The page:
Funny or Die Presents: Season One
HBO // Unrated // $29.98 // January 11, 2011
Review by Francis Rizzo III | posted January 1, 2011
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Reviewer's Bias*
Loves: Half the comedians in this series, sketch comedy
Likes: Funny or Die (the site)
Dislikes: Comedy that's too hip for the room
Hates: Overly-long sketches

The Show
This means nothing, but the first time I saw the URL I thought it was Funny Ordie, and thought that was a weird name for a web site. Anyway, I've watched plenty of videos from Will Ferrell and Adam McKay's web baby, and in 2010, the concept made the leap from the web to TV with a weekly half-hour series on HBO, presenting exclusive non-web material, dryly hosted by Ed Haligan, Head of West Coast Sales and Marketing (Steve Tom, Prison Break). The episodes try to craft the idea that you're watching the Funny or Die network, complete with a channel guide and bumpers between segments. Some episodes are made up of several bits, while others are dedicated to just one or two offerings, making each show its own unique presentation.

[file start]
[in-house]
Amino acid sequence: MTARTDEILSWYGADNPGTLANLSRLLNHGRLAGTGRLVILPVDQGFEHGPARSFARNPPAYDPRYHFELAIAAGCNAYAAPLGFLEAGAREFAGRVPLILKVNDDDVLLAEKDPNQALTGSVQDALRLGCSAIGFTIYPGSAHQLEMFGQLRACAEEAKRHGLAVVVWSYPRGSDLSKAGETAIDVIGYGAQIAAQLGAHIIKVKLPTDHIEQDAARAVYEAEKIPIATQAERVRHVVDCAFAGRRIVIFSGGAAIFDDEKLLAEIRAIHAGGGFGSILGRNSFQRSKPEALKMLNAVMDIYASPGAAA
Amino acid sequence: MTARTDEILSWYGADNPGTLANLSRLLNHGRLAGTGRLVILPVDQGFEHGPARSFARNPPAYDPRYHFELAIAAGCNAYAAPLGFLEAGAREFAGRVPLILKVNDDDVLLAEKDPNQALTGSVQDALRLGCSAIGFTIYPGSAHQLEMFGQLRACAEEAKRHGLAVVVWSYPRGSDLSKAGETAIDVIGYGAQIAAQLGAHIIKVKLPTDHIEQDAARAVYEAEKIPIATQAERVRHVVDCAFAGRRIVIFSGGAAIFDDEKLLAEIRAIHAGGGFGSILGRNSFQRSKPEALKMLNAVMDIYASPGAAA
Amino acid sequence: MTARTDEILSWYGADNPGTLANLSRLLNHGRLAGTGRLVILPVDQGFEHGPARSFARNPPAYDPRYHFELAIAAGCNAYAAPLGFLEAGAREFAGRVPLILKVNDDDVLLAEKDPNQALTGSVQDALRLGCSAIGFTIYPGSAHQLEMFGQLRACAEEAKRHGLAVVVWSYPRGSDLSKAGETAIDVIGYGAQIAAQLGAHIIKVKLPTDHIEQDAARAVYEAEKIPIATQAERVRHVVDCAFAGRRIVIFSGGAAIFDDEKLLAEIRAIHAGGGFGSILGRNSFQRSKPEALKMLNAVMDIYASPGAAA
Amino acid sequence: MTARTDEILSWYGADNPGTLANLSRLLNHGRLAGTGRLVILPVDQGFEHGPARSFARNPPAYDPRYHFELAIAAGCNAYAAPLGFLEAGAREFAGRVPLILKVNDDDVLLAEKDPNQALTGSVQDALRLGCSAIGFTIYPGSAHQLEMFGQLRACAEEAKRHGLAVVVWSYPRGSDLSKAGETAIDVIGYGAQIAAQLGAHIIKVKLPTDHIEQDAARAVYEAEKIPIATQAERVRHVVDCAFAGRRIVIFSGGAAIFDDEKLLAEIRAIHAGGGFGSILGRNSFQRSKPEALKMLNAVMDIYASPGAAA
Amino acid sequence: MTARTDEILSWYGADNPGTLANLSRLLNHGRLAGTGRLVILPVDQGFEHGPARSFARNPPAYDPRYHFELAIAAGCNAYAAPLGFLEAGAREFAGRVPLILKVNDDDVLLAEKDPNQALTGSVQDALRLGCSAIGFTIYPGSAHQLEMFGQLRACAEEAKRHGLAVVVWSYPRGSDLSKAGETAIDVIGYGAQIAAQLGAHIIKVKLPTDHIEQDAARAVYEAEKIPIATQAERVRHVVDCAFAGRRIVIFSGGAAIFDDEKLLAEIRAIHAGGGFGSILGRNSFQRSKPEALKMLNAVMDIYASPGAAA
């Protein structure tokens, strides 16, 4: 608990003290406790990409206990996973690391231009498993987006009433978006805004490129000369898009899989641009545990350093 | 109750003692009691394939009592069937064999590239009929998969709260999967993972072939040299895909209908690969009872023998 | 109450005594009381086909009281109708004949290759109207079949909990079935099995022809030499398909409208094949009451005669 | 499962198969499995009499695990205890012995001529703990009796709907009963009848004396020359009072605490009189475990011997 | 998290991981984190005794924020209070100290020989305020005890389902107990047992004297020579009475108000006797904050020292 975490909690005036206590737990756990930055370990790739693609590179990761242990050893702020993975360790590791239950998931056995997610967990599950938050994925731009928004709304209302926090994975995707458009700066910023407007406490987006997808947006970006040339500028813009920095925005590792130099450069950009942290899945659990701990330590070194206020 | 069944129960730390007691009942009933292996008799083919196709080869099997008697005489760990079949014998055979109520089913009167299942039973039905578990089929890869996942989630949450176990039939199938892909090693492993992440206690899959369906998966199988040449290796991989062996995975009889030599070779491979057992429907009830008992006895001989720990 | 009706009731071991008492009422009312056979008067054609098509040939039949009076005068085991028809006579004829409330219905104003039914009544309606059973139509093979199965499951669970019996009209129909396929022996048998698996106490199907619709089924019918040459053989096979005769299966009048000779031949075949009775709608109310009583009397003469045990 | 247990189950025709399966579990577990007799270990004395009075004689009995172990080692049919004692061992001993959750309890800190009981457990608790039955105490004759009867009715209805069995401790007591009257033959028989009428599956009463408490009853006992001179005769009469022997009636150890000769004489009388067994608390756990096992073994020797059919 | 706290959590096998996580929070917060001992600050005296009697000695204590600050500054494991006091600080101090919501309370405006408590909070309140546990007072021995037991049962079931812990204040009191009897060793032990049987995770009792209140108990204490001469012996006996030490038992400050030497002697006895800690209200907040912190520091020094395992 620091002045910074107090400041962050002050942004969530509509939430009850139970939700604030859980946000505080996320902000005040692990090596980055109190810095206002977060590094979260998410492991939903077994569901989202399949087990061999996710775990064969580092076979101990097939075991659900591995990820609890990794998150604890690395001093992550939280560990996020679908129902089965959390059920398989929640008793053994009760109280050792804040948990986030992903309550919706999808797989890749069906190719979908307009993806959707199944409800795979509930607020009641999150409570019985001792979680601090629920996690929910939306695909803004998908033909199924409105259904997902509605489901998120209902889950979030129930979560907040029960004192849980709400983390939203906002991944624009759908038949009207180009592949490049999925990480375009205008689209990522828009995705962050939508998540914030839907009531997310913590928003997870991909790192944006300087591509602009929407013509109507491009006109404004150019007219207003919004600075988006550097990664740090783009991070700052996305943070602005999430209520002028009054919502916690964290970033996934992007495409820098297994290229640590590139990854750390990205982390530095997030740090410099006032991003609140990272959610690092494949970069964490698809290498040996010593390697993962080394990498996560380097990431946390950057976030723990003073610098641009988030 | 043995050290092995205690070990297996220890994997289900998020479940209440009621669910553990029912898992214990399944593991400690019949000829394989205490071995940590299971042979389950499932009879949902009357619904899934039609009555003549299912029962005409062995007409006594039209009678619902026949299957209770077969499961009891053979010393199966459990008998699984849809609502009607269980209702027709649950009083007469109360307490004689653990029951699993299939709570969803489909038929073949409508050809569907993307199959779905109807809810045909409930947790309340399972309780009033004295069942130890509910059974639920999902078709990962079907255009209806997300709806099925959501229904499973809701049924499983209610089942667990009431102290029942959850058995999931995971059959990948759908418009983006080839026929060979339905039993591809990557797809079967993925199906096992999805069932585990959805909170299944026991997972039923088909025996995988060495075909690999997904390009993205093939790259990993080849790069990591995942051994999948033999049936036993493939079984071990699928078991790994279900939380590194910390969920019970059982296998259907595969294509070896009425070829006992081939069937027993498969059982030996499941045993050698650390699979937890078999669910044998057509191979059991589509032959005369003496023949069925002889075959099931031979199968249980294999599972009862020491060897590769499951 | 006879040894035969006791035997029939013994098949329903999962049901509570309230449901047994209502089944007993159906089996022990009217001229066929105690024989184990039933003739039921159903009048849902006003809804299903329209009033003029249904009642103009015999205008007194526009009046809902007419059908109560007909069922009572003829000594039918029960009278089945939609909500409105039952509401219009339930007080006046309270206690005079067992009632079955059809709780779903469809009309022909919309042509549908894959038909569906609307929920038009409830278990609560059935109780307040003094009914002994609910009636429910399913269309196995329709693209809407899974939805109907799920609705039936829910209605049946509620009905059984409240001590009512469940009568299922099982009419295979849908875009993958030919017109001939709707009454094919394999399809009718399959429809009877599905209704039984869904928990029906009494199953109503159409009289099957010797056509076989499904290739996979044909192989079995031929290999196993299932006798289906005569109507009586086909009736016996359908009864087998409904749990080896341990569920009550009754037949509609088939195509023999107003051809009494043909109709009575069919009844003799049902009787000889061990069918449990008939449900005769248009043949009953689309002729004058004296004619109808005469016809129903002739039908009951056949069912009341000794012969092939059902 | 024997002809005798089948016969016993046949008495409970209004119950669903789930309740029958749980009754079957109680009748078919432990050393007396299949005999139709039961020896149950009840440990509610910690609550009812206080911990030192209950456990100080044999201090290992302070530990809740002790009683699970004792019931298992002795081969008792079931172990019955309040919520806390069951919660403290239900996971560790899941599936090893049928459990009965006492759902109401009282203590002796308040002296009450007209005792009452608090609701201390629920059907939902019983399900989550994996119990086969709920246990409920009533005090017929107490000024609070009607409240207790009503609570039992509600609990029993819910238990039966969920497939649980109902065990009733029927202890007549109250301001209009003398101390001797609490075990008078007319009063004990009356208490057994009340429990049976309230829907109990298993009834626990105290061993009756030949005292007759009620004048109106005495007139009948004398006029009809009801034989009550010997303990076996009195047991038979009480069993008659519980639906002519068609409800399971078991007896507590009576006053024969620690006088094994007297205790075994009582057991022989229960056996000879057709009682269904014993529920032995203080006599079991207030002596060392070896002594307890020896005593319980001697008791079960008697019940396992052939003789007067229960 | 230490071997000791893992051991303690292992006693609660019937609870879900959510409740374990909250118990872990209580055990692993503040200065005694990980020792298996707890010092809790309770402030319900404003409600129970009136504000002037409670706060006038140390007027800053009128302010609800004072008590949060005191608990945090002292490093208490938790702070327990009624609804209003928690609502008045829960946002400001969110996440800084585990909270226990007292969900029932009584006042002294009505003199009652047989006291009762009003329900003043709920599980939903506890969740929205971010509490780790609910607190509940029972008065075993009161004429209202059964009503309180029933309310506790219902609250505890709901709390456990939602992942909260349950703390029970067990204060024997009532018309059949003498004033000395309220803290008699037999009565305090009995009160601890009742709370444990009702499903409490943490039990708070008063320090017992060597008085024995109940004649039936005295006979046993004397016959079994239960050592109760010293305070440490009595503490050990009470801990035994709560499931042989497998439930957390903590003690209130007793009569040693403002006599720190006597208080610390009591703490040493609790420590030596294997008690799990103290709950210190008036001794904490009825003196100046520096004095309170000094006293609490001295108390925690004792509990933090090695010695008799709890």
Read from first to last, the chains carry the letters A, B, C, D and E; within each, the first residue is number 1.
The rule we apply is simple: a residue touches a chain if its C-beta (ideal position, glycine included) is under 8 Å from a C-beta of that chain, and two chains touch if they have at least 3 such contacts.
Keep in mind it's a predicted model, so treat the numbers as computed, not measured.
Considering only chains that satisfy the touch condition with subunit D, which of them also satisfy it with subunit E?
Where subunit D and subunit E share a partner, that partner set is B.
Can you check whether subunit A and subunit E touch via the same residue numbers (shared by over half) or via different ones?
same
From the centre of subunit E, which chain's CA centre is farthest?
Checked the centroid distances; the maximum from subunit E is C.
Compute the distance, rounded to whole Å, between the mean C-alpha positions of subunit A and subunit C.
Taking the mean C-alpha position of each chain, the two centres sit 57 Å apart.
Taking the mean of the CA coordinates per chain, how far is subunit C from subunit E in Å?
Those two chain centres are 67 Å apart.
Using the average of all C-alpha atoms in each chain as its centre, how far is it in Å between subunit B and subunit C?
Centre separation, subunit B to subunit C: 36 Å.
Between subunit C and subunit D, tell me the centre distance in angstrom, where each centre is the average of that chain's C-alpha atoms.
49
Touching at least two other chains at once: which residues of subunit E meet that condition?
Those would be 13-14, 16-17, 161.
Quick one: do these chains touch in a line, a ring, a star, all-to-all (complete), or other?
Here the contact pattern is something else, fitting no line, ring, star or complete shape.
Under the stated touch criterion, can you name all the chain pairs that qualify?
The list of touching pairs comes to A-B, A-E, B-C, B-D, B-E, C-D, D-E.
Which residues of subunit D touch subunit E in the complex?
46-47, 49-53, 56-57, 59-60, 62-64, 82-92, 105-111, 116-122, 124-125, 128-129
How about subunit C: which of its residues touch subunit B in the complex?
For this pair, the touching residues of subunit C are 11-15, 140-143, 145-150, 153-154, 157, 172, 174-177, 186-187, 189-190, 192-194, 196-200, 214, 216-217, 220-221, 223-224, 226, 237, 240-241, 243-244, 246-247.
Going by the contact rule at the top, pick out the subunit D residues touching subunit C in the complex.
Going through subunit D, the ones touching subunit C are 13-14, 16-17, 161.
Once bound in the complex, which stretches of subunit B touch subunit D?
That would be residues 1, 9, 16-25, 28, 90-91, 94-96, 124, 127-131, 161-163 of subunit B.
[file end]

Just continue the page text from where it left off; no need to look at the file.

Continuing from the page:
Though they are unique, unfortunately, a lot of it is just not very funny. It's actually shocking to see a show loaded with incredible comedy talent fall so incredibly flat. Using the standard of enjoying sketches that at least made me smile, I counted 13 high-quality bits out of 12 episodes, and those 13 bits are from just five unique concepts (there are many recurring segments in the series.) Yes, there are OK sketches throughout that won't make you yawn or violently assault your TV, but OK is simply unacceptable when you're watching a line-up featuring Chris Parnell, Tim Heidecker and Eric Wareheim, Zack Galafianakis, Will Ferrell, Paul Scheer, Rob Heubel, Will Forte, Tim Meadows and Bob Odenkirk (and many others.) Sure, they aren't in every sketch (and not even every episode) but you certainly should be laughing far more frequently than you do here.